“Data-Driven Thinking” is written by members of the media community and contains fresh ideas on the digital revolution in media.
Today’s column is written by Jed Nahum, an independent consultant and former head of Microsoft’s global programmatic sales team.
Every year in digital advertising, we seem to have a new issue or two bubbling up and occupying our collective consciousness. For 2015, I think of ad blocking, viewability and header bidding.
Back in 2013 and 2014, there was a lot of talk about programmatic direct, a method by which a publisher ad server – or really any ad server – exposed APIs in order for buyers to upload campaigns and line items.
We in digital get more and more items on our plate every year so let’s agree to stick a fork in this one and call it done.
Back in the day, there was a lot of buzz about programmatic direct. Remember when Microsoft, AOL and Yahoo agreed on an API standard? And even a year ago it was in the news when Rubicon bought iSocket and ShinyAds. PubMatic exposed a similar API, too. This was a big deal.
And what has transpired since then? A lot of cricket song.
Why We Thought Programmatic Direct Would Be Helpful
Programmatic direct is mostly about API access to the publisher’s ad server offerings. Because publishers are well positioned to forecast, their ad servers are good at offering forward contracts, essentially the reserving and guaranteeing of inventory. Since we’d been doing guarantees in our business since the 1990s, we thought it was probably important. We need that functionality, right?
Media planners enjoy the simplicity and lowered risk of guarantees. Programmatic direct also enables automation that should lower the overhead associated with insertion orders, RFPs, negotiation and the like. Beyond guarantees, marketers get access to the publisher’s context and segments. They can push them to marketers in an allocated fashion, giving marketers nice stuff like smooth, predictable delivery.
But maybe the most valuable attribute of programmatic direct is the ability to offer a first look at inventory. When I was selling, the No. 1 thing partners asked me for was first look. Until header bidding came along, first look was difficult for programmatic.
RTB Pushes Power And Control Toward The Buy Side
I’ve argued in other articles that RTB has created a war over whether the buy side or the sell side defines what is being sold. The nutshell of my argument is that RTB has made it possible for buyers to select specific impressions for their buying. This is “decisioning.” In RTB, the buyer does it, and in traditional ad sales the seller does it. I think the real battle is about who gets to decide. Will buyers define the audience they want to reach and bid on it or will sellers define the context they wants to sell and package it up?
When buyers decide, every buy potentially delivers data to their data management platform (DMP), enriching their knowledge of their audience and making them better marketers. The problem with programmatic direct is that it doesn’t incorporate the DMP in the same way RTB bidding does. And since buyers control the spend, they’re looking for ways to feed the data beast.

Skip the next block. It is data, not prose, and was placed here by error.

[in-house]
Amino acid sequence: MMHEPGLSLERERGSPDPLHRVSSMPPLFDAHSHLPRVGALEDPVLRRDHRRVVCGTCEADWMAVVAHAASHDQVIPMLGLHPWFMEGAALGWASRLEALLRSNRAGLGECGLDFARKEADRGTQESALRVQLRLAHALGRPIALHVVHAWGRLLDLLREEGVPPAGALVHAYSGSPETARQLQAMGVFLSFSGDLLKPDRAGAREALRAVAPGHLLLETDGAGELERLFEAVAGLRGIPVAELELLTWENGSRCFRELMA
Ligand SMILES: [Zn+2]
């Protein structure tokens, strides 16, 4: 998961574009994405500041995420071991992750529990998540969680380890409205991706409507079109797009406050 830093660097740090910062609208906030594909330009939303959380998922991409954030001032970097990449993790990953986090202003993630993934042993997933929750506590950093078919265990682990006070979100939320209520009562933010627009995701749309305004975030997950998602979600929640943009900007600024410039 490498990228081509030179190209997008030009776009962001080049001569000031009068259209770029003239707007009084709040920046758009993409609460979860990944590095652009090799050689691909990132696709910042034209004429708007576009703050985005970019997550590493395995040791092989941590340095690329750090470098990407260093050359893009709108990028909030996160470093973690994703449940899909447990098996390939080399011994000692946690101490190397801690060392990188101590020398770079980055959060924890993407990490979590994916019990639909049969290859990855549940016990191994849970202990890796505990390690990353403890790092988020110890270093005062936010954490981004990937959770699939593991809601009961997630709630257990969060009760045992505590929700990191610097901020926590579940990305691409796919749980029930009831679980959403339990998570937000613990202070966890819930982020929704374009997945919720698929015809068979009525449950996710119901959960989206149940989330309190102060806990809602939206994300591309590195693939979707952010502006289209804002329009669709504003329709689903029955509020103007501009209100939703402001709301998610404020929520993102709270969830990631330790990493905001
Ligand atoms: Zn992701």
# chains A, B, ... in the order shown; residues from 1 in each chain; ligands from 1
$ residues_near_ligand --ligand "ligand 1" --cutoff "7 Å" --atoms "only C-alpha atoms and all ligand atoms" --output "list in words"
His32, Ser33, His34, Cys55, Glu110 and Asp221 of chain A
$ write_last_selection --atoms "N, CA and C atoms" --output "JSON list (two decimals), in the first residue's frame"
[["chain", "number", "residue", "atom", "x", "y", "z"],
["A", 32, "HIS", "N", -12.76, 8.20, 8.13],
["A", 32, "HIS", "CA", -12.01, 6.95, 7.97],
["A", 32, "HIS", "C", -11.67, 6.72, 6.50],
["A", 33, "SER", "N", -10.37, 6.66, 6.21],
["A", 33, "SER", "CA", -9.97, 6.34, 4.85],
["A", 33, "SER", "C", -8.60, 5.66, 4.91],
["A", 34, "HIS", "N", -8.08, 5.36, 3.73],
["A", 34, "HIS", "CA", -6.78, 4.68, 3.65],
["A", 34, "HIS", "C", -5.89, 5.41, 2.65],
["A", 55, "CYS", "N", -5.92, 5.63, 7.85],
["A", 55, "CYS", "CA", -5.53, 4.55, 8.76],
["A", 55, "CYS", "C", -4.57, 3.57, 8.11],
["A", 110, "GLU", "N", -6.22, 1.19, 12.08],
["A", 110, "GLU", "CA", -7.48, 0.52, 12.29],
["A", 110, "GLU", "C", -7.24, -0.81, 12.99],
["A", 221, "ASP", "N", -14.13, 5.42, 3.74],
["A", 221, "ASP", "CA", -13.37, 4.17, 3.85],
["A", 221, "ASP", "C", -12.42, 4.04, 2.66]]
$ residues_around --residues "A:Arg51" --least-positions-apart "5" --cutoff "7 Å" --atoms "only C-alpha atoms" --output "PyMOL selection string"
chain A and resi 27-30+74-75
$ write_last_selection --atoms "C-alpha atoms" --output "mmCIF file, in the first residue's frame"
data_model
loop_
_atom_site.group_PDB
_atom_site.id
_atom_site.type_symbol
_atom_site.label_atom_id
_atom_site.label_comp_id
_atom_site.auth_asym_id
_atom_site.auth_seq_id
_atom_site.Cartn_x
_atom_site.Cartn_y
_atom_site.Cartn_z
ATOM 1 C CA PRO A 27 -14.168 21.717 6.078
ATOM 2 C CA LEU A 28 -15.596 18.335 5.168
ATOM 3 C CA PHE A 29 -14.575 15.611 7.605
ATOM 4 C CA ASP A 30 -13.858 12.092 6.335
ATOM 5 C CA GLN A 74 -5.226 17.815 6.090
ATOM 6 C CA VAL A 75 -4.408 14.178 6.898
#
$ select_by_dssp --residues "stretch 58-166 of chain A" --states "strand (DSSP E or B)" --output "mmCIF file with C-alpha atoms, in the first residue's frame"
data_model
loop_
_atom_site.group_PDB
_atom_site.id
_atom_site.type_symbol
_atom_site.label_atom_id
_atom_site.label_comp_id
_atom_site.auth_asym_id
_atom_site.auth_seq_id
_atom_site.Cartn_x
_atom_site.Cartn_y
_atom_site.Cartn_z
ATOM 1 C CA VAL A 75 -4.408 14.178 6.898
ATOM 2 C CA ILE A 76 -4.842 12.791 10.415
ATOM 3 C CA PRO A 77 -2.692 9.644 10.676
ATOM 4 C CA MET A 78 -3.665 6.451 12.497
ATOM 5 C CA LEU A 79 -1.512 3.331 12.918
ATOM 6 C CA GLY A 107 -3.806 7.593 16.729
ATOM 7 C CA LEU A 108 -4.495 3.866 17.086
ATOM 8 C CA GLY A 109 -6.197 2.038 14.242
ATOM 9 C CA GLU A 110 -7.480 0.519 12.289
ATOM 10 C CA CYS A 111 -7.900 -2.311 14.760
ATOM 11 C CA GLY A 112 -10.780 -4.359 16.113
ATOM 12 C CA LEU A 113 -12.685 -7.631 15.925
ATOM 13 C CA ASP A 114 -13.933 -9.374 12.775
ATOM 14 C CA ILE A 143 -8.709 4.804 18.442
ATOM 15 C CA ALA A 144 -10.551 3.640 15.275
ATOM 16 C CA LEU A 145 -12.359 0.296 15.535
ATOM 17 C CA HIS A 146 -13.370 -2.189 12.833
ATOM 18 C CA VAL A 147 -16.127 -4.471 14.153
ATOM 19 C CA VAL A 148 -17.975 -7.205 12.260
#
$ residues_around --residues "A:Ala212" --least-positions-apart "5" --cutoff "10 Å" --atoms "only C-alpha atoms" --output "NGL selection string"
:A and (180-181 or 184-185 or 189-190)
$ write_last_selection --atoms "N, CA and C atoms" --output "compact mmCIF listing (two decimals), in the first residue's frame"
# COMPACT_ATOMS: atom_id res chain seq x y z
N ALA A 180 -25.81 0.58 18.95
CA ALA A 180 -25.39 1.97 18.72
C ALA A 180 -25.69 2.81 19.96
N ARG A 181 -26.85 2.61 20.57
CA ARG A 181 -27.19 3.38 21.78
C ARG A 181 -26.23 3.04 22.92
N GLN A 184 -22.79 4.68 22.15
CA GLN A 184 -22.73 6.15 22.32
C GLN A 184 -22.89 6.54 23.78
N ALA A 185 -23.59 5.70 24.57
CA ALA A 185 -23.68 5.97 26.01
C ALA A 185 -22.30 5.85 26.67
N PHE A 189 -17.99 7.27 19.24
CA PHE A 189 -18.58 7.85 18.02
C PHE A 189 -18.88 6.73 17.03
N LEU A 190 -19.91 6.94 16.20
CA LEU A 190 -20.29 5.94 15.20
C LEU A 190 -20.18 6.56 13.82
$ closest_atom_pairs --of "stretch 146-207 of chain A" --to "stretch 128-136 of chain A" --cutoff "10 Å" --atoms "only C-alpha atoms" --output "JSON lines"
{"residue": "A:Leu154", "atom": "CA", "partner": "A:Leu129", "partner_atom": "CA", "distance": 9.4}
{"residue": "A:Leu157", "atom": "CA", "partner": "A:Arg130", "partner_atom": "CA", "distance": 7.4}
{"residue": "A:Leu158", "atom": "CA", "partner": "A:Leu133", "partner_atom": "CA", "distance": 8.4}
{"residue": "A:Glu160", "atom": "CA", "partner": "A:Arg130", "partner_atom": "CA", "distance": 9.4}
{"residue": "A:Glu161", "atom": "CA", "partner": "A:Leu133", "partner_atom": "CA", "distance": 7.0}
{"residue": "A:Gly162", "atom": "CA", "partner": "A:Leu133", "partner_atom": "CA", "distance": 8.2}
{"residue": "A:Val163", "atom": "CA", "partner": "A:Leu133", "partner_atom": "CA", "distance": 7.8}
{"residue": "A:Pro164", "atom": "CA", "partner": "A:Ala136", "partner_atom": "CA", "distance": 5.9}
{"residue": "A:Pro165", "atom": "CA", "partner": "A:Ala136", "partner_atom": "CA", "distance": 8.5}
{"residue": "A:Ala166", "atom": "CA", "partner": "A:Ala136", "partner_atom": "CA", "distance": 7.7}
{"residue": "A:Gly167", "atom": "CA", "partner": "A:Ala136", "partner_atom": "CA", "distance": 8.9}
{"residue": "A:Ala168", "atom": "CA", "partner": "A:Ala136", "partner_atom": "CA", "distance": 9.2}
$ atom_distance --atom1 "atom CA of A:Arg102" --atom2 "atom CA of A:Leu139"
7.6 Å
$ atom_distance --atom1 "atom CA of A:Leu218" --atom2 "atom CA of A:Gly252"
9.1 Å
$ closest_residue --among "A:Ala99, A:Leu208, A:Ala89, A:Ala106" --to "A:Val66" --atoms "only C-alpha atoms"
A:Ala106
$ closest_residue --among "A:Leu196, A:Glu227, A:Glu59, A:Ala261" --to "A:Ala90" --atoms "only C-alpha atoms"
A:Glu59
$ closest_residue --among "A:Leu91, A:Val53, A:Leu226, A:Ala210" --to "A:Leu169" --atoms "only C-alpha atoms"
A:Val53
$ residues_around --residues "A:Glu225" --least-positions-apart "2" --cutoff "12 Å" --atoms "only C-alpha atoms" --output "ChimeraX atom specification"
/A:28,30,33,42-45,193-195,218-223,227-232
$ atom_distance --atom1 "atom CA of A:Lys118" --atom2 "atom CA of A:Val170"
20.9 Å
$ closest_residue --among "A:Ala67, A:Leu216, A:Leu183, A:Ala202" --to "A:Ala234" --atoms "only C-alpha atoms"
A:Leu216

I learned this talking to buyers. They told me that the real value of programmatic to them was being able to buy only the stuff they wanted and none of the stuff they didn’t. With programmatic, there are two kinds of efficiencies at play: automation and selection. The word “programmatic” makes it sound like automation is the big deal, but I argue impression selection is far more important.
Hence, demand-side platforms (DSPs) and agencies realize they might not like programmatic direct because it takes decisioning away from them. They aren’t interested in being “order takers”; they want to be order makers. When DSP vendors talk about “powerful bidding algorithms” or “expressive bidding,” they’re pitching their ability to engage in good decisioning. Similarly, agencies and media services companies want to manage that decision-making to provide more value for their clients. They don’t want to limit their influence by putting control back into the hands of the sell side with programmatic direct.
And now there’s this thing called header bidding. It enables a publisher to offer first look in a bidded RTB environment by moving supply-side platforms (SSPs) up in the delivery priority of their ad server (it’s more than that, I know). Because bid requests are still being made and users are still being mapped, the data beast gets fed. Though header bidding has some pitfalls for the buy side, it’s much preferable to the programmatic direct alternative.
Where Programmatic Direct Still Fits In
All that said, there are still a few places where programmatic direct may prove valuable. For example, environments where user identification is difficult, such as mobile, can stand to benefit from programmatic direct’s efficiency of automation. Further, when scarcity drives up the price of a reservation (video) and pushes power into the hands of the sell side, programmatic direct might fit in. And seriously concentrated publishers, including Facebook or YouTube, can do whatever they like and may use APIs to sell their stuff.
I’m not saying slapping an API on an ad server or a DSP is a bad thing; in fact, it can be quite helpful. But I am saying it’s not as revolutionary as enabling buyers to define audience and bid against it. Buyers can take note when publishers expose APIs. They can decide case by case whether to integrate. But the programmatic revolution is being driven by audience, not automation.